Emergency Resources for the Cancer Community
Resources for Patients and Health Care Providers
Natural or manmade disasters often occur with little or no notice. Being prepared for a disaster is important for everyone, but cancer patients need to go beyond preparing for these events—they must also prepare for the disruptions to their cancer care caused by a disaster.
Tips for Patients with Cancer
During a disaster, cancer patients need to be concerned with their wellbeing, especially if they become displaced and cannot follow their usual routines. Cancer patients, especially those on active treatment, can have weakened immune systems and may be at higher risk for infections, bleeding, fatigue, and injury. When things are fine, you may feel there is too much to do to prepare in advance, but it will be worth it if disaster strikes.
To be prepared, take these important steps:
- Plan with your health care provider. Talk with your health care provider about the following:
- How to contact your provider in the event of a disaster
- How your provider can reach you during a disaster
- Plan with your family and friends. Make a plan with your family and friends, including your neighbors. Consult resources on Ready.gov, an official website of the Department of Homeland Security, to help you identify:
- What help are you likely to need during a disaster
- Who can provide that help
- What resources are available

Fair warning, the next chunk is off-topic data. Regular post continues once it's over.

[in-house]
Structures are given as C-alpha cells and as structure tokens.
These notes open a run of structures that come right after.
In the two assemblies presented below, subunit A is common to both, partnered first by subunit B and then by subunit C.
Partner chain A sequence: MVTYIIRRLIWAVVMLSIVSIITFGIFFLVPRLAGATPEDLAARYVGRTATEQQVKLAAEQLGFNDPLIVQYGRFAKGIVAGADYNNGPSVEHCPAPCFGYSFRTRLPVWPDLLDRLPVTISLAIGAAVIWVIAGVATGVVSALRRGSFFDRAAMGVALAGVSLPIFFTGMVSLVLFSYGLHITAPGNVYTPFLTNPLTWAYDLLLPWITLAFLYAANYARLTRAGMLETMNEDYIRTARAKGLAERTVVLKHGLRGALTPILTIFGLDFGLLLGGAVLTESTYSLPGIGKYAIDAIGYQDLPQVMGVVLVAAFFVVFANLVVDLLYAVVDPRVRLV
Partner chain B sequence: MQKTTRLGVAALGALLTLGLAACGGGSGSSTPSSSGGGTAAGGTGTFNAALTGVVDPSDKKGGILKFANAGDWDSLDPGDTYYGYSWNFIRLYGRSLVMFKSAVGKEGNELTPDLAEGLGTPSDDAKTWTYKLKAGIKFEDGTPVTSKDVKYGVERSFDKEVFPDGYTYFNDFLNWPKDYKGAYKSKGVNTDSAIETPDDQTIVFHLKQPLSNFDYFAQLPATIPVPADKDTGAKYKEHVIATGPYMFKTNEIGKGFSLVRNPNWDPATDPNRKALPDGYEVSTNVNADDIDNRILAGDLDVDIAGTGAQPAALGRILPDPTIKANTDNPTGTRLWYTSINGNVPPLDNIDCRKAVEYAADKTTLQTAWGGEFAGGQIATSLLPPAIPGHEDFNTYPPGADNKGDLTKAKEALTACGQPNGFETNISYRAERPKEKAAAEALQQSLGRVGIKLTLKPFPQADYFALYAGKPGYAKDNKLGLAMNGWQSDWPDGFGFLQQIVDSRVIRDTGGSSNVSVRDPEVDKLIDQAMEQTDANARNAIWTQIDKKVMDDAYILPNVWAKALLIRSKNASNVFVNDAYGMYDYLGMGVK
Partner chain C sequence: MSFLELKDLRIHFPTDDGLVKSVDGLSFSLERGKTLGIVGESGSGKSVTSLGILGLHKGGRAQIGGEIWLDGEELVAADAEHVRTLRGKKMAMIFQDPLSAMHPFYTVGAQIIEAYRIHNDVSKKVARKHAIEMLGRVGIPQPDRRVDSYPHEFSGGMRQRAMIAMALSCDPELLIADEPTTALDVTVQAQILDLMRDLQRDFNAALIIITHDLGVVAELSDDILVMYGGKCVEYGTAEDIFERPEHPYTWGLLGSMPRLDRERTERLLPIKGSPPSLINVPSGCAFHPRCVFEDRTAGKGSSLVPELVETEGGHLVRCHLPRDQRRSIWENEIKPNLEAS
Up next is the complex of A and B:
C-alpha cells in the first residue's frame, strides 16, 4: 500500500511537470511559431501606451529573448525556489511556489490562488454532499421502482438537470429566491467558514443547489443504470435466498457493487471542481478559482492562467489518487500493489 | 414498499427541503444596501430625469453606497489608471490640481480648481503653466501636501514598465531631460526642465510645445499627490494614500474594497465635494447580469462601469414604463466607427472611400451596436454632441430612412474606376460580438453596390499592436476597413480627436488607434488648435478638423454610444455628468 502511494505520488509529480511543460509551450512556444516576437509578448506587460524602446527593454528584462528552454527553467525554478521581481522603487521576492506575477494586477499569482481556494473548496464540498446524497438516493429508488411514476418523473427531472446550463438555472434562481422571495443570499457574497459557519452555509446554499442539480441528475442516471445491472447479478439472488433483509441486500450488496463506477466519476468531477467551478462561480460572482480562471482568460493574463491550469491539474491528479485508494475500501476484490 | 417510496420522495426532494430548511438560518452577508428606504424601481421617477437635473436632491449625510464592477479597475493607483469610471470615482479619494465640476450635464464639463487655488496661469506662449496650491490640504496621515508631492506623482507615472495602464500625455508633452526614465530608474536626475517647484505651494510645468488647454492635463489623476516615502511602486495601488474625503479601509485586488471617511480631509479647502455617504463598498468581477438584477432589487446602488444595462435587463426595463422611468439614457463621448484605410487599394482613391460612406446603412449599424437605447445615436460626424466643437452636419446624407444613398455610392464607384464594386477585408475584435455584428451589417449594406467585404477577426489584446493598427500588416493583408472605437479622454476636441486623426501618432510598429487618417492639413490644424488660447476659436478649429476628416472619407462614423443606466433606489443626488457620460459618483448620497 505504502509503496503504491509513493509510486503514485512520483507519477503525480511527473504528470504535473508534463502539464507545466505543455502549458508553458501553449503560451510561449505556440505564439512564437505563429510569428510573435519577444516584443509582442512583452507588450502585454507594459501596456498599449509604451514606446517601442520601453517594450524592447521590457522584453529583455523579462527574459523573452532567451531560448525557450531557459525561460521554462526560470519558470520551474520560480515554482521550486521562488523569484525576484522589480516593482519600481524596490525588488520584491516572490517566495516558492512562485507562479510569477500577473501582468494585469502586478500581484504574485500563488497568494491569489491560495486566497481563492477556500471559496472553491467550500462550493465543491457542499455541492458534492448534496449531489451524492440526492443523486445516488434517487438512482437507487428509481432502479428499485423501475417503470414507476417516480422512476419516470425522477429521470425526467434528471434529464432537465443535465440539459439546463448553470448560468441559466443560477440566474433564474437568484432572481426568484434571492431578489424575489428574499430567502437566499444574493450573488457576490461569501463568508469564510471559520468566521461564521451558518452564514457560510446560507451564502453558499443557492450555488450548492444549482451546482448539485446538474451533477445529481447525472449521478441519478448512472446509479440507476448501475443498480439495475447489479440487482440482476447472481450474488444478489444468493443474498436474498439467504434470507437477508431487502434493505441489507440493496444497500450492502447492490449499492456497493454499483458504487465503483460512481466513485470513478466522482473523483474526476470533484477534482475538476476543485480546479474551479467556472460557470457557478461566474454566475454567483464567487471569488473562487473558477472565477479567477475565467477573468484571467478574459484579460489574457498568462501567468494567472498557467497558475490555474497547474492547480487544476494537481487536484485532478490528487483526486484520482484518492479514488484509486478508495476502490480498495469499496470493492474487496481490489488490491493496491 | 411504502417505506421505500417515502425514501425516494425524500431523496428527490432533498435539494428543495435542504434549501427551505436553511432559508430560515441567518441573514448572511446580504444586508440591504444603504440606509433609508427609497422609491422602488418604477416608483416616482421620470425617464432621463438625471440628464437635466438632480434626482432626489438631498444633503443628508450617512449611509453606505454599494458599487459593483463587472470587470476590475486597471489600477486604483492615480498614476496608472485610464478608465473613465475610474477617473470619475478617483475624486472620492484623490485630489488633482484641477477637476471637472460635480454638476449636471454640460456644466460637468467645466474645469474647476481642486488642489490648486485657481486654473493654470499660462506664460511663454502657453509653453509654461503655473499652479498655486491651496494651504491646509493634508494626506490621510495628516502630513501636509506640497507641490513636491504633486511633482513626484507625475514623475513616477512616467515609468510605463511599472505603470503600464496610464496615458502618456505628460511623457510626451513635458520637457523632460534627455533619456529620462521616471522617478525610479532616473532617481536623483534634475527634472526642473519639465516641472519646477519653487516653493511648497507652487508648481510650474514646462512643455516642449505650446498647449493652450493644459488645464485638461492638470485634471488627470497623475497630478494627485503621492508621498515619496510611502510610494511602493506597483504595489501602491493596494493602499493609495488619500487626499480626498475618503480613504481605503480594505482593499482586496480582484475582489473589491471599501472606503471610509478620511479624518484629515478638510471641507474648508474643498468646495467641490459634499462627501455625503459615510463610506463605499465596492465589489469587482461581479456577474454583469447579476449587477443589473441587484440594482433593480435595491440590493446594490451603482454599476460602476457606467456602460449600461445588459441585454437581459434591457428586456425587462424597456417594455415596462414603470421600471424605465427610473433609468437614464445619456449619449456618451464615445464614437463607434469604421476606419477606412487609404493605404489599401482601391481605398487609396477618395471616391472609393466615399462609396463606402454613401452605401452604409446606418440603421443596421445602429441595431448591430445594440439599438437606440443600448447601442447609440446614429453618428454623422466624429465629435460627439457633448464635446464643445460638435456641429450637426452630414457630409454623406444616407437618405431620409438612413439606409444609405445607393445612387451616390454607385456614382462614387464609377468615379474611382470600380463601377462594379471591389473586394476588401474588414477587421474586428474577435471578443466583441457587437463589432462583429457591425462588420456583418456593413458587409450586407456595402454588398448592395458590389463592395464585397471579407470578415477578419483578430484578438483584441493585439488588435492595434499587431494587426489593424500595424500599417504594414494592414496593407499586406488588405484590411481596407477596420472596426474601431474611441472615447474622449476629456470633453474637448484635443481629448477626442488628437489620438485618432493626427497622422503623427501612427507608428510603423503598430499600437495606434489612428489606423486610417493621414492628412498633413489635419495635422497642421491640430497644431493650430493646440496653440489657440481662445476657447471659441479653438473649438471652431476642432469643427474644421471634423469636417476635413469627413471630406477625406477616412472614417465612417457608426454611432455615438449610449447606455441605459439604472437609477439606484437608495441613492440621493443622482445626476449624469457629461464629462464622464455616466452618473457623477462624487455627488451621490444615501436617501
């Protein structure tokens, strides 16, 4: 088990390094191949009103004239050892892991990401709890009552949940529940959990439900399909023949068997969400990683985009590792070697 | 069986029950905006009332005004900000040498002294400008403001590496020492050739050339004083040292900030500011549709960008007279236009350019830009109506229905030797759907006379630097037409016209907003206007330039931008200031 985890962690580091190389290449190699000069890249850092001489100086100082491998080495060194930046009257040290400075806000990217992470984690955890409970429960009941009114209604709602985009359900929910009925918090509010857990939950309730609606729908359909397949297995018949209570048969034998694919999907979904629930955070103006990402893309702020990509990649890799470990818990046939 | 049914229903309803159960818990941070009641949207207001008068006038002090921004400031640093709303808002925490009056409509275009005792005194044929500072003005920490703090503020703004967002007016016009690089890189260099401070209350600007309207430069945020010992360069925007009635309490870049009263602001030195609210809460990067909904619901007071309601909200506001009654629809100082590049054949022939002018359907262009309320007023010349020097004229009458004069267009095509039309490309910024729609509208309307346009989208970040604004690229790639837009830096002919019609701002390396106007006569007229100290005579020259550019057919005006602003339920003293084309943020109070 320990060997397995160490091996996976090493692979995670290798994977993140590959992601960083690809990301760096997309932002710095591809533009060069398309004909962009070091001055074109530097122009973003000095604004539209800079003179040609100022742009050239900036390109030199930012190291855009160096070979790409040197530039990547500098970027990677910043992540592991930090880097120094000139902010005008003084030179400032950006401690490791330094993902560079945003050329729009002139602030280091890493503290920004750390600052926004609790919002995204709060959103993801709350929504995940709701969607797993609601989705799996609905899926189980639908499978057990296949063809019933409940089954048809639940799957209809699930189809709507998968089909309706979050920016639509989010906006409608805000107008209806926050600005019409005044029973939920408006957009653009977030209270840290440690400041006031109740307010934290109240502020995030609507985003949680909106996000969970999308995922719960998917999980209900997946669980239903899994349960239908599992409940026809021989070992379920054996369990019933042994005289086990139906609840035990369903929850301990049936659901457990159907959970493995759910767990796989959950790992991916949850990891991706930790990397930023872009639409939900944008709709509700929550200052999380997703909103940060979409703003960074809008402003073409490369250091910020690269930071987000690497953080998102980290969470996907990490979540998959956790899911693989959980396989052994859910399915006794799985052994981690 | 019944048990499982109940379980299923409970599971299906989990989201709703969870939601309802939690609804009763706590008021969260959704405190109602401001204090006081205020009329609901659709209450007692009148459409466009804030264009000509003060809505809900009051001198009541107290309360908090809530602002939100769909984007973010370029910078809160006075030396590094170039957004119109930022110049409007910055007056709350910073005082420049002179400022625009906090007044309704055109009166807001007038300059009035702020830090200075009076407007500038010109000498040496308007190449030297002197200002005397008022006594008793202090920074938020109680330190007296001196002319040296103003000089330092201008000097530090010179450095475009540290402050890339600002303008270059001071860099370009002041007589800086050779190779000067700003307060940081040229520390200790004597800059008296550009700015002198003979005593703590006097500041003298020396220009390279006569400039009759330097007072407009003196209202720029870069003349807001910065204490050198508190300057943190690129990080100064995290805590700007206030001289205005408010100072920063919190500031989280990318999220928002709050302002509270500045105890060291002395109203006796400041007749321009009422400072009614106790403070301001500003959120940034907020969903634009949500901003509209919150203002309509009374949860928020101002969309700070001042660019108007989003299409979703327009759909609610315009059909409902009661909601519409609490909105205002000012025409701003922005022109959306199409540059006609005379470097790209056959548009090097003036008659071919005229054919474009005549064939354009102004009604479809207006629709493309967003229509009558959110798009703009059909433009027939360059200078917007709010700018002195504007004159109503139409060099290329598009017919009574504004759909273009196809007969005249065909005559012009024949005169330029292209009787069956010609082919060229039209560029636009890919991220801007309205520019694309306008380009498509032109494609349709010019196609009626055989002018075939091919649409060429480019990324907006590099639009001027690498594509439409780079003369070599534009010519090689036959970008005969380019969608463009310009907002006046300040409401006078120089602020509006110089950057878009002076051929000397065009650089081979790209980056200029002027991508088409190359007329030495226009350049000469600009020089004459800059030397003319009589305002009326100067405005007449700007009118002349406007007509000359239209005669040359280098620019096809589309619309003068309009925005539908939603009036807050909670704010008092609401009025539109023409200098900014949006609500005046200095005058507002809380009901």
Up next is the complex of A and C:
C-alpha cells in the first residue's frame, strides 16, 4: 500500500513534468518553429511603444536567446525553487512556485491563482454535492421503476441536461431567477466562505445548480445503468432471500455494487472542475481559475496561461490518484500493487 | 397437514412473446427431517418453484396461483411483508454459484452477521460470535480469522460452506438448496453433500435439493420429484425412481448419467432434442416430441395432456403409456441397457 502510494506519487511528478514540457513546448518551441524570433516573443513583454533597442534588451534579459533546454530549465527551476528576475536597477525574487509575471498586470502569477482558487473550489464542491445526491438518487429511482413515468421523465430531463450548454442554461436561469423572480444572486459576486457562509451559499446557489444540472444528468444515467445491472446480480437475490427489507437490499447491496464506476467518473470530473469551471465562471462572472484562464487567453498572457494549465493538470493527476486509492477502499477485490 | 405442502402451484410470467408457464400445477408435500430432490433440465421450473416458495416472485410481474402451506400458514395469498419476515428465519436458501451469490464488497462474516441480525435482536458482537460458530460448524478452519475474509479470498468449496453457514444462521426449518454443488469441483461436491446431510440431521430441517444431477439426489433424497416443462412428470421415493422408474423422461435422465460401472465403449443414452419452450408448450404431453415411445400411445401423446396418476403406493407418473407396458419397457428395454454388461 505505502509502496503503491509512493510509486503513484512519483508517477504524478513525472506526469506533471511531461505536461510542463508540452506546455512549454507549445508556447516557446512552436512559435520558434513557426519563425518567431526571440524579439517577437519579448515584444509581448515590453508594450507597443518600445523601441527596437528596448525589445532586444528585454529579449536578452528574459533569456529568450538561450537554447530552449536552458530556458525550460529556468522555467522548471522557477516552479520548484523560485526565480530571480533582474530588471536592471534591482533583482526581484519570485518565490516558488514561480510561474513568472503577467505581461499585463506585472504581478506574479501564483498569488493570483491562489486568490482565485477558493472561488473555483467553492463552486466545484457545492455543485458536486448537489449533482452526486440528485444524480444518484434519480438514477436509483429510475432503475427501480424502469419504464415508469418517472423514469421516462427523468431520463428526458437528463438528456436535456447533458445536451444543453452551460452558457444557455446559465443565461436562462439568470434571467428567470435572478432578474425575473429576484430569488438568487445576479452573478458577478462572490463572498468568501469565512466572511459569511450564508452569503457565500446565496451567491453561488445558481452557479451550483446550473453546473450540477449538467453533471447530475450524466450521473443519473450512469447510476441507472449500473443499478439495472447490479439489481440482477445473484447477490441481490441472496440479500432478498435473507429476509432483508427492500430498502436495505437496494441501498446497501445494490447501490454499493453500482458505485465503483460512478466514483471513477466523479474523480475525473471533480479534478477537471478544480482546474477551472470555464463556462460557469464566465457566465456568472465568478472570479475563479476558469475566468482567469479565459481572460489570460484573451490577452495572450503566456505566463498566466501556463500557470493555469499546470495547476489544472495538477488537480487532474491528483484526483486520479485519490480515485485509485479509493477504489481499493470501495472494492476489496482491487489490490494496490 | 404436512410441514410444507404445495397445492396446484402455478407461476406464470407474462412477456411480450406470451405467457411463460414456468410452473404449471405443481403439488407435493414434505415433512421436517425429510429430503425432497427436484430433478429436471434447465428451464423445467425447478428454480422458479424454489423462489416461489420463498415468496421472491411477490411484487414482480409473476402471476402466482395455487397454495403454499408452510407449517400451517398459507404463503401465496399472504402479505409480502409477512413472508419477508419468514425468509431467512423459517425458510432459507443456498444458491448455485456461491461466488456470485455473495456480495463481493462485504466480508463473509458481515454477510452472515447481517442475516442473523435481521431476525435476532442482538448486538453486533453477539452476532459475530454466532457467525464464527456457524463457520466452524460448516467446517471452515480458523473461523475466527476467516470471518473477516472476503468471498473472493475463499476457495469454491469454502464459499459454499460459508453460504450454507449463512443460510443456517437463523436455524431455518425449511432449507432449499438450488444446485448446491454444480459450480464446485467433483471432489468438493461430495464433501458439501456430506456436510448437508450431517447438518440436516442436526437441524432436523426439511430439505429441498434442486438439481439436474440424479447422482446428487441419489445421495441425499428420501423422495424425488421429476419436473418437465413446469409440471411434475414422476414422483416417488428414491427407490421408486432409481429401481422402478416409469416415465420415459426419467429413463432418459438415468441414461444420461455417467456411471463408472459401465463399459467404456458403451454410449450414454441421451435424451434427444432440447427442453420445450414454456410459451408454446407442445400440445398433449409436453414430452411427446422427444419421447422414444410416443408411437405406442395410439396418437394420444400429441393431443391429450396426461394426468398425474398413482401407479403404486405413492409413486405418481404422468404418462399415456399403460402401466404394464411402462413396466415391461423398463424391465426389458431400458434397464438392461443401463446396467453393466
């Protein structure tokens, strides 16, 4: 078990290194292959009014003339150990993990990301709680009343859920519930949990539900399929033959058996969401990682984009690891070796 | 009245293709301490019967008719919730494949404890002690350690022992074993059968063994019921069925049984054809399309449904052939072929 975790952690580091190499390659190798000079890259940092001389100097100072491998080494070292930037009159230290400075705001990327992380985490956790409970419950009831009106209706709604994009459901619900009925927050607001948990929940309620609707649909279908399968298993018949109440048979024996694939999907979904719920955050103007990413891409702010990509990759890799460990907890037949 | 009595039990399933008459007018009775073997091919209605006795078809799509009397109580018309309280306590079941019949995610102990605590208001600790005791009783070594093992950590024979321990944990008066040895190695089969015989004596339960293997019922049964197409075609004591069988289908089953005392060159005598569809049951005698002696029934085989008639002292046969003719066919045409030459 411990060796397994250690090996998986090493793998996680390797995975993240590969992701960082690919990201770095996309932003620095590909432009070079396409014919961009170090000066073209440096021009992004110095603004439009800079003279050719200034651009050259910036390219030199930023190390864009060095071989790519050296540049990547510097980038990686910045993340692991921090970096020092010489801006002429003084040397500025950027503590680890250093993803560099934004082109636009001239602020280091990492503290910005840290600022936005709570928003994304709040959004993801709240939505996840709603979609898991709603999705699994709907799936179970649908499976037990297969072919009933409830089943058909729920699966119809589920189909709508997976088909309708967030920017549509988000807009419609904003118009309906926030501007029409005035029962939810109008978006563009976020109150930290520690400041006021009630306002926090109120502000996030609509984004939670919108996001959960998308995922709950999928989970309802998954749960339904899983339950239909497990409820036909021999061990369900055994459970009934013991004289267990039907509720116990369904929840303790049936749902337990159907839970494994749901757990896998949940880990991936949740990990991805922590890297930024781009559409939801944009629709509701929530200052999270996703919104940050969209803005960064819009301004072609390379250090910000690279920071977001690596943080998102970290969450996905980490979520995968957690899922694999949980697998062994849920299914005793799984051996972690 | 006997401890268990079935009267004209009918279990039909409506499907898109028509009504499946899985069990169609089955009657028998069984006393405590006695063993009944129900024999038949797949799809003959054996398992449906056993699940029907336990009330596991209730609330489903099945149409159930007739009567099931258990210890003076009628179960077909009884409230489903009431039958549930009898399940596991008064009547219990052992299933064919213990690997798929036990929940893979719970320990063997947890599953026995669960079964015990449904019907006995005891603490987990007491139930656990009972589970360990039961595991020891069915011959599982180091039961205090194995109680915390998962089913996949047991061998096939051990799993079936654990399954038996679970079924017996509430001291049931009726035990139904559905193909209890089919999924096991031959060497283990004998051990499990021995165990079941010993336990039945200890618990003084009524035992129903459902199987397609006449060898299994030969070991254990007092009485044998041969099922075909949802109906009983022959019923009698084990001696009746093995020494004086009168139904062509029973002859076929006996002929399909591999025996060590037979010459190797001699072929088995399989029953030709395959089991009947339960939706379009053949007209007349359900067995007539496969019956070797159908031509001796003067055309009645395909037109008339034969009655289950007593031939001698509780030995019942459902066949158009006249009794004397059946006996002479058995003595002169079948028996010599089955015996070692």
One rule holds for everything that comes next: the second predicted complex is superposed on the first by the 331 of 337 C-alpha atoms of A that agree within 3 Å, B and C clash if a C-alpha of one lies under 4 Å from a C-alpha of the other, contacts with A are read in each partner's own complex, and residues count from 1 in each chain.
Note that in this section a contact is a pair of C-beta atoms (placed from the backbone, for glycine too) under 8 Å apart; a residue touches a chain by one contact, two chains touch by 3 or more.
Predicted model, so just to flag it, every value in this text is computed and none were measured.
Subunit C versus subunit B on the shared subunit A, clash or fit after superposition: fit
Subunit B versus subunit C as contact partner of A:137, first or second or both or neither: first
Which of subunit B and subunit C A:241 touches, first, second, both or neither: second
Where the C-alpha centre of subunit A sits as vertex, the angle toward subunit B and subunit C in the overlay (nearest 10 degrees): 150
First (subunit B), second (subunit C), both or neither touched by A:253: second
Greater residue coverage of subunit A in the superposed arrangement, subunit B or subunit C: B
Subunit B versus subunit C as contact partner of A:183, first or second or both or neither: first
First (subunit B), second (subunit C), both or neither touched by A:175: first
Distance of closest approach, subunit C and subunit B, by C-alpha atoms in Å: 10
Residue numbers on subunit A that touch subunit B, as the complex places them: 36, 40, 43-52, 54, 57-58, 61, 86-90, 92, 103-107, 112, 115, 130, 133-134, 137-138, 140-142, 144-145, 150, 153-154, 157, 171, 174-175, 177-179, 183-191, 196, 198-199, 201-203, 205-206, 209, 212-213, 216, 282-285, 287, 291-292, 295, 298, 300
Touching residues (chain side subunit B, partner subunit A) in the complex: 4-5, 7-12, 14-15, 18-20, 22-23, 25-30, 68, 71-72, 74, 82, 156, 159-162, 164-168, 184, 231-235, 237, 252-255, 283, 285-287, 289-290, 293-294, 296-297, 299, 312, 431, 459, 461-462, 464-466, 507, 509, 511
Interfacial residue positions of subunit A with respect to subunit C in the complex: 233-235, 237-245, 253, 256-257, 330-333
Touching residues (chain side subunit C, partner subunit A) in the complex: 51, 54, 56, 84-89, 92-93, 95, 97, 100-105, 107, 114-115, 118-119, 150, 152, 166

- Create your personal plan. Make a plan for yourself, including all the information you will need to continue your treatment:
- Know your exact diagnosis, cancer stage, and medications you take. If you’re receiving chemotherapy or radiation, know where you are in your treatment cycle.
- Get the contact information of your health care provider and others whose help you may need during an emergency.
- Make sure you have all the information you need about your clinical trial, if you are participating in one, including the National Clinical Trial (NCT) number, the name of the principal investigator, names of any facilities where you receive treatment, and the exact treatment you are receiving.
- Make sure you have all important contact information written down and with you at all times (cell phones may not work, and batteries may drain).
- Carry your insurance card at all times, so you can contact your insurance provider in case you are displaced and need to seek care.
- Make a kit with items you may need (dressings, antiseptic, medications, thermometer, etc.). Put them in a zip lock bag to keep them dry. Resources are available on Ready.gov, an official website of the Department of Homeland Security, to help you build a kit.
- Be aware that food and water may not be safe to consume after a disaster. Consult the website of the Center for Disease Control and Prevention for safety tips on food and water use.
- Keep handy the contact information of the Disaster Distress Helpline in case you experience emotional distress (1-800-985-5990 or text "TalkWithUs" to 66746). This hotline is provided by the Substance Abuse and Mental Health Services Administration to provide immediate crisis counseling following natural or human-caused disasters.